This opens up a lot of interesting possibilities for us … any time we want to use inputs from off our campus, we can set up a link and an outside expert can speak for just a short time, without being vastly inconvenienced. As a matter of principle, I've got our university to pay Chris 8 hours at 25 euros/hour, the same rate we use for our Internet tutors in places like Singapore and Australia. It's not only right - it's also a case of building something into the budget, so that we can do the same next time too.


I'm currently working on an arrangement with a local school to link up to a school in Manchester. The only requirement for the schools is to have an Internet connection + webcam and headset. Then pupils at both ends can see each other, speak to each other, draw things, show each other documents, etc. I've suggested that one exercise could be for pupils at each end to take pictures of things they do each day (eat breakfast, come to school, sit in the classroom, play in the playground, etc) and do a mini photo-documentary in real time for each other.

The beauty of it is, there's no technical restriction on any of you using our Marratech server to link up anywhere with anywhere else … If you want to give it a try, just let me know.

Edited by David Richardson
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  • 1 month later...
Guest Andrew Moore

I'm interested to check this out, but the Marratech site seems to be dead today.

Our system has some merits but several drawbacks.

Although the client is a free download, the reseller sells licences for use of the server sessions - so that it can be expensive to have large numbers of simultaneous users.

And it's available only for Windows - this is a big problem for me, as an advocate of open source products.

I'd like to find a conferencing system that is available either freely, as an open source development (is this the case with Marratech?) or where one pays a flat fee for a site licence, but has no restriction on the number of users, other than those that arise from the limitations of one's servers and networks.

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I'm fairly sure that Marratech *isn't* open source, although it is multi-platform (i.e. there are Mac and Linux versions available). The server software is what costs, but the client software is free. You're supposed to be able to do point-to-point video conferencing with the client software, but I've never tried that.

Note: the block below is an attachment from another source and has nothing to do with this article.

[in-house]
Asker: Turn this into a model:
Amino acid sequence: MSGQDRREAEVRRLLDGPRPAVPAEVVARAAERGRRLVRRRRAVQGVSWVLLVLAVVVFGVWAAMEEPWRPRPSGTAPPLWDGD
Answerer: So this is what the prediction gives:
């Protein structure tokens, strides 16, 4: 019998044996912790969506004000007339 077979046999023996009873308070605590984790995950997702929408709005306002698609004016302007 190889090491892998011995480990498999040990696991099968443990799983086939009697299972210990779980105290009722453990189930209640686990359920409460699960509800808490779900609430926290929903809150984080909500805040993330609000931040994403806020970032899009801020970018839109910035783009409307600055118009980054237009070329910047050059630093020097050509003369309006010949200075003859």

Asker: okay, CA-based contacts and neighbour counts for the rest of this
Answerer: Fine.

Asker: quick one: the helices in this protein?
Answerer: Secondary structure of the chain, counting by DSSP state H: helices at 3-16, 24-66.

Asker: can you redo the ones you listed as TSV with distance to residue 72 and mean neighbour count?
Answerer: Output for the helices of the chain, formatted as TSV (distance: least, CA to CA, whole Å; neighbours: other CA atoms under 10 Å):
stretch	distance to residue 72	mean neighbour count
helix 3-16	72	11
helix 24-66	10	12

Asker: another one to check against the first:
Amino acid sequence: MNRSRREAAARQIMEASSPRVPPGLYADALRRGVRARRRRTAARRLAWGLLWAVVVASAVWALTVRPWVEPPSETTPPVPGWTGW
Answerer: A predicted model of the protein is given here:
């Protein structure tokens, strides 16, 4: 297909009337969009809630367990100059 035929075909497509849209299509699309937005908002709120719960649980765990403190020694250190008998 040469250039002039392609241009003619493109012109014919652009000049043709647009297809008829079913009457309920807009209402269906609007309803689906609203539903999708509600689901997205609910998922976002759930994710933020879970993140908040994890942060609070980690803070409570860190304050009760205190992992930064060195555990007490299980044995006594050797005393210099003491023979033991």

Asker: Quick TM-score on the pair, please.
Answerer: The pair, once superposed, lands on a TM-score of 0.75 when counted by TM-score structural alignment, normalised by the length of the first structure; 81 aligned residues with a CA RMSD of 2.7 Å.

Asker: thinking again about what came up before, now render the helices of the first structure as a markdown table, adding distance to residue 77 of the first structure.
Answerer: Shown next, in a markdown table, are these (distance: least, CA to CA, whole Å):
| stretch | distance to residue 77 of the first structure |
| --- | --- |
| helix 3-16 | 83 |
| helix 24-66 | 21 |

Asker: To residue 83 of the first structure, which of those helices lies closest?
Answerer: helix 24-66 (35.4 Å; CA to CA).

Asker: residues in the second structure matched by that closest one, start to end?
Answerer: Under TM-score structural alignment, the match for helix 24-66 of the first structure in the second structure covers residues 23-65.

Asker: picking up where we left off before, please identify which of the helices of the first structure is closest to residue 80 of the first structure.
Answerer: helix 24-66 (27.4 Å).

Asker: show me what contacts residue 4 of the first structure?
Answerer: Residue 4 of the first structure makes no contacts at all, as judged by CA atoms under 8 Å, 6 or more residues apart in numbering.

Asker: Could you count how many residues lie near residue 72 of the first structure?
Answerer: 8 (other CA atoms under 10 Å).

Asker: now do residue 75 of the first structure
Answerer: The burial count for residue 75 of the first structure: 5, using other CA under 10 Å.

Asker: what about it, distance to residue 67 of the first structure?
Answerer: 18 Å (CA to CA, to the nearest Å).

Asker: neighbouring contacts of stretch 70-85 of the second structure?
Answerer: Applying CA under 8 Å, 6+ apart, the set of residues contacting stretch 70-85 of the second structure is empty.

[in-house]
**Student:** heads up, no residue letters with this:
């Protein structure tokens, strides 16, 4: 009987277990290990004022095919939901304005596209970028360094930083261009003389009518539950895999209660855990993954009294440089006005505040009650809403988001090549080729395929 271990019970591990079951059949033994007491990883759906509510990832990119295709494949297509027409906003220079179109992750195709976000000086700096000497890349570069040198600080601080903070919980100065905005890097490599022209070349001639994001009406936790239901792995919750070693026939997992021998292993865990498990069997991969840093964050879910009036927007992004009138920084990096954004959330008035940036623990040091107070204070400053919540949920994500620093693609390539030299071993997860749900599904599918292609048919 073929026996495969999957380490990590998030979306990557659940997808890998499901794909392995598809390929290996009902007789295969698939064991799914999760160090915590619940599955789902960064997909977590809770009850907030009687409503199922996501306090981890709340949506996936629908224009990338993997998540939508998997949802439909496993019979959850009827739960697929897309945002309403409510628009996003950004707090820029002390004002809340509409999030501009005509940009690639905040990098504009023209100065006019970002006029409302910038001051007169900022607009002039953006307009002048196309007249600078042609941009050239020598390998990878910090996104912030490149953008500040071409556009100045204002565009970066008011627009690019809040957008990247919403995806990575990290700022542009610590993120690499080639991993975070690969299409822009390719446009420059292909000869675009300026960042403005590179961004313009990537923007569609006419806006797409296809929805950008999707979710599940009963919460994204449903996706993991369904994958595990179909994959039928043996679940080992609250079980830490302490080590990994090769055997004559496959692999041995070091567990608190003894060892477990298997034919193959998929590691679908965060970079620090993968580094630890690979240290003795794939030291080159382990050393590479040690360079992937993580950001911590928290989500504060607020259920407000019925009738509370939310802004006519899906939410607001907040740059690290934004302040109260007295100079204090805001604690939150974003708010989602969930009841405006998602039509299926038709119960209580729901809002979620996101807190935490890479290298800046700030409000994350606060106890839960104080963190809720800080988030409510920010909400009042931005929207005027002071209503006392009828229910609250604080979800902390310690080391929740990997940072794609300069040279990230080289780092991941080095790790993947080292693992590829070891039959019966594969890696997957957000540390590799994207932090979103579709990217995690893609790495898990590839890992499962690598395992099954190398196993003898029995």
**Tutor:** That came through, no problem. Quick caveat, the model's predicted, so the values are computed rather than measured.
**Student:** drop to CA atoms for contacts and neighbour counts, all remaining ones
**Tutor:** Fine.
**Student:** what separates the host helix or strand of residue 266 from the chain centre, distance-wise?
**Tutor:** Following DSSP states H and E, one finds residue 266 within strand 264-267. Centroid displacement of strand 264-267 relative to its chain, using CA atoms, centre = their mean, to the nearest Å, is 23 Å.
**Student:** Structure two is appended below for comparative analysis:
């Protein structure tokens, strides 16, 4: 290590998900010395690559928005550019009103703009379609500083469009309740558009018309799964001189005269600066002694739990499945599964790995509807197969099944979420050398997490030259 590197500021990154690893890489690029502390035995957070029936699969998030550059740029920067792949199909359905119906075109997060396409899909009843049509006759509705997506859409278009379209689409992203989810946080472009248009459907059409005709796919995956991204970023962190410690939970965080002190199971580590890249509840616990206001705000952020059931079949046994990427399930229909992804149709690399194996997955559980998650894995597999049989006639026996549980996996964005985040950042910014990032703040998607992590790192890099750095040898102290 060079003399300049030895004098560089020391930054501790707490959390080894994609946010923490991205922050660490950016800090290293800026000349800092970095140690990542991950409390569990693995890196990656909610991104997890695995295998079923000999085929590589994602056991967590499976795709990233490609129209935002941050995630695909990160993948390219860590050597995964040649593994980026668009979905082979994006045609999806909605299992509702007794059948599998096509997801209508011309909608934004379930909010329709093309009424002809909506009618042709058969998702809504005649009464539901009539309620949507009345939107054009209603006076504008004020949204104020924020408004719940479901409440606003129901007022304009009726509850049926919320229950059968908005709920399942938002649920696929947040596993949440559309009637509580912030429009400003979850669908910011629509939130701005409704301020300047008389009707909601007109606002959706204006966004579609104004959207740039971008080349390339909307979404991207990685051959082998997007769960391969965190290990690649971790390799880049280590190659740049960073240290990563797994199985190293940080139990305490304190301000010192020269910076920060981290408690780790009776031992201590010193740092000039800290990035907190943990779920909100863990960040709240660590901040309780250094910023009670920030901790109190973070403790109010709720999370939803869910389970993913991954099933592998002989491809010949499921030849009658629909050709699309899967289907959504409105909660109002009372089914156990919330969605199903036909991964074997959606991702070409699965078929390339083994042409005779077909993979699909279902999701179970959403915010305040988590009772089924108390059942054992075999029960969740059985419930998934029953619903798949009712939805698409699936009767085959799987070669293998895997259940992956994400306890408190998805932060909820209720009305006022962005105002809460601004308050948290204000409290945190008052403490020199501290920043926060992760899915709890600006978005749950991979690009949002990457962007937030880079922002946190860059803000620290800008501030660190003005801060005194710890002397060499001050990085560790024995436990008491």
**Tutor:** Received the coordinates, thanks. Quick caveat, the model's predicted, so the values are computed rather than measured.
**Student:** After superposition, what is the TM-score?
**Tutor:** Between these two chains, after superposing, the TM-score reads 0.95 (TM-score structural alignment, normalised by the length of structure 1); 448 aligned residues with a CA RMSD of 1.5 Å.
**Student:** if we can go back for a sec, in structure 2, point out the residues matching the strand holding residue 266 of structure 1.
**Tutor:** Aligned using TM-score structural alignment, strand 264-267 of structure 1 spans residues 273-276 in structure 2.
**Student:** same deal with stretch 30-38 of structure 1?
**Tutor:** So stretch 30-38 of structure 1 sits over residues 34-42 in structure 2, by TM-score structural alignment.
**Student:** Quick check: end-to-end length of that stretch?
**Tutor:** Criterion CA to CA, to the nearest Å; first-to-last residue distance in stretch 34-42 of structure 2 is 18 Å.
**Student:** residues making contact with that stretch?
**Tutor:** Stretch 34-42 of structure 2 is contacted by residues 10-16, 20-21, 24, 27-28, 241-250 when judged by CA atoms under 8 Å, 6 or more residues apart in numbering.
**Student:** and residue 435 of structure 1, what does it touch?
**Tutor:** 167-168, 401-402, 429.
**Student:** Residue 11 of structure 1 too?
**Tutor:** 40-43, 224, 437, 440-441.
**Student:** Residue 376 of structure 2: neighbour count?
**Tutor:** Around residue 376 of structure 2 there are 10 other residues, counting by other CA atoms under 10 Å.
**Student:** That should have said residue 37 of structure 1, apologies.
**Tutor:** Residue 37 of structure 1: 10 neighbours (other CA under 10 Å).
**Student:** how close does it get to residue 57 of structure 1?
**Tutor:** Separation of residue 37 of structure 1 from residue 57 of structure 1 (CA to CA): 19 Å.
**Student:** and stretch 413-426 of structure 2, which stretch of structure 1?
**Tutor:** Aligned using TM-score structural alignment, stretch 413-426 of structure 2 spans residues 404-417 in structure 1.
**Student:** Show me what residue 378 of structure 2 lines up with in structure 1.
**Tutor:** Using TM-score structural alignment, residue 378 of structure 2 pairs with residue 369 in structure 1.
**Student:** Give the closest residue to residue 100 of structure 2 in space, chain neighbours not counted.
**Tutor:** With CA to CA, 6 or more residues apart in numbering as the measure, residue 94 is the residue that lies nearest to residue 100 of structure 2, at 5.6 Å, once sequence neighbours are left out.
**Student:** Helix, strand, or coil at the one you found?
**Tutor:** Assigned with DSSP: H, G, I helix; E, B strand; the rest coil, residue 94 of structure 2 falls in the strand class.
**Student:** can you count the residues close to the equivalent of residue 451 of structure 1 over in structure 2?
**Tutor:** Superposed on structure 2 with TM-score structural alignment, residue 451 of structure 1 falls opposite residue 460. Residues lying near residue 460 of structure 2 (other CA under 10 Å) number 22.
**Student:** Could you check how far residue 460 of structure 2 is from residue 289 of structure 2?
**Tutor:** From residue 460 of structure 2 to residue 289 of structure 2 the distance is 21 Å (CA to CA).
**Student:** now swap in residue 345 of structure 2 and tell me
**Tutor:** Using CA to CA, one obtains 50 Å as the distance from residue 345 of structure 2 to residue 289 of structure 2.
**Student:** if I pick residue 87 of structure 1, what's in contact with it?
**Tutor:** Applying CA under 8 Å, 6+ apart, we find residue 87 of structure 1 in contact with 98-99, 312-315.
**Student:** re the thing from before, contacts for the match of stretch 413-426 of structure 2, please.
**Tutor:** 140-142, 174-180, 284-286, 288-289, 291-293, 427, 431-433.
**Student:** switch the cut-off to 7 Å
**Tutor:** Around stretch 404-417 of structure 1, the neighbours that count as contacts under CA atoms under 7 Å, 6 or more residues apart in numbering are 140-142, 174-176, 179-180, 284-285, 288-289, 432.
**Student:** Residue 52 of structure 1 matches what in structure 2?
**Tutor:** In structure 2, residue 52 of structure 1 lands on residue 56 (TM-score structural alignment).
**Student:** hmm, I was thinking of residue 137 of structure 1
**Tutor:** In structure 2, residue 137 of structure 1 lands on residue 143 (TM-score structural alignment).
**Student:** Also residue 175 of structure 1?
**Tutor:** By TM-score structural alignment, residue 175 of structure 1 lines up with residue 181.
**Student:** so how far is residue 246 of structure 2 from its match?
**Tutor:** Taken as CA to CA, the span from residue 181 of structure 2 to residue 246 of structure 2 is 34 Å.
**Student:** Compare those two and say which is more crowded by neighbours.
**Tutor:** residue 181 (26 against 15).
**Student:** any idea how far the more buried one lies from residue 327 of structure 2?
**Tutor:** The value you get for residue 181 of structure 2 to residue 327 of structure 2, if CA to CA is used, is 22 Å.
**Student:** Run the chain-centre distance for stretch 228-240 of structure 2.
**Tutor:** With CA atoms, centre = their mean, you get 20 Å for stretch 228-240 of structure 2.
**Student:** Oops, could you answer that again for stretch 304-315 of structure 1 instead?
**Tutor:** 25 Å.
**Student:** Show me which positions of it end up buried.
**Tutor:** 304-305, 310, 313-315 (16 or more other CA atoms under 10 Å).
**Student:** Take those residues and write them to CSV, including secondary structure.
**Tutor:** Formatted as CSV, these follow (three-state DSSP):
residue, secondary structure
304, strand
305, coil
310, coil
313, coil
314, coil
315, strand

If you want to try out Marratech with me, just send me a mail and we'll decide on a time. We're using it all the time at the moment for all sorts of things (the Aberystwyth link-up has been very successful).

I'm a bit cynical about the claims of computer programmes … my judgement is that Marratech is the best one I've used to far, though. The whiteboard is excellent, the audio works very well indeed, but the video is still a bit iffy. However, in our practice, the video isn't quite so important.

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I have only dabbled in videoconferencing, but I wasn't that impressed. It seems to me that the work involved in preparing for a good videoconference outweighs the benefits. Our local school (Cox Green) experimented with videoconferencing for teaching French. They paired up with a school in France. Here's what the head of modern languages wrote about the experiment:

"A great idea, technically feasible especially if you have unlimited money. Did not work for us as the idea of regular one-to-one contact between students met the reality of different (and largely incompatible) school timings and adolescent embarrassment."


Robert O' Dowd has created two websites full of information on videoconferencing and telecollaboration in teaching modern languages:

Videoconferencing: http://www3.unileon.es/personal/wwdfmrod/videoc.html

Telecollaboration: http://www3.unileon.es/personal/wwdfmrod/collab

Viedoconferencing has often been a hot topic in the Linguanet Forum. There was a flurry of messages just a short while ago. See the archives:


Regarding open source products, have you looked at Moodle? It's a VLE:


I don't think videoconferencing is enable within Moodle (yet).

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There's a lot in what you say, Graham, but I think it helps to keep two types of video conferencing separate from each other:

ISDN video conferencing needs studios, technicians, bridges and dedicated lines.

Desktop video conferencing needs a computer with a broadband connection, a cheap webcam and a headset.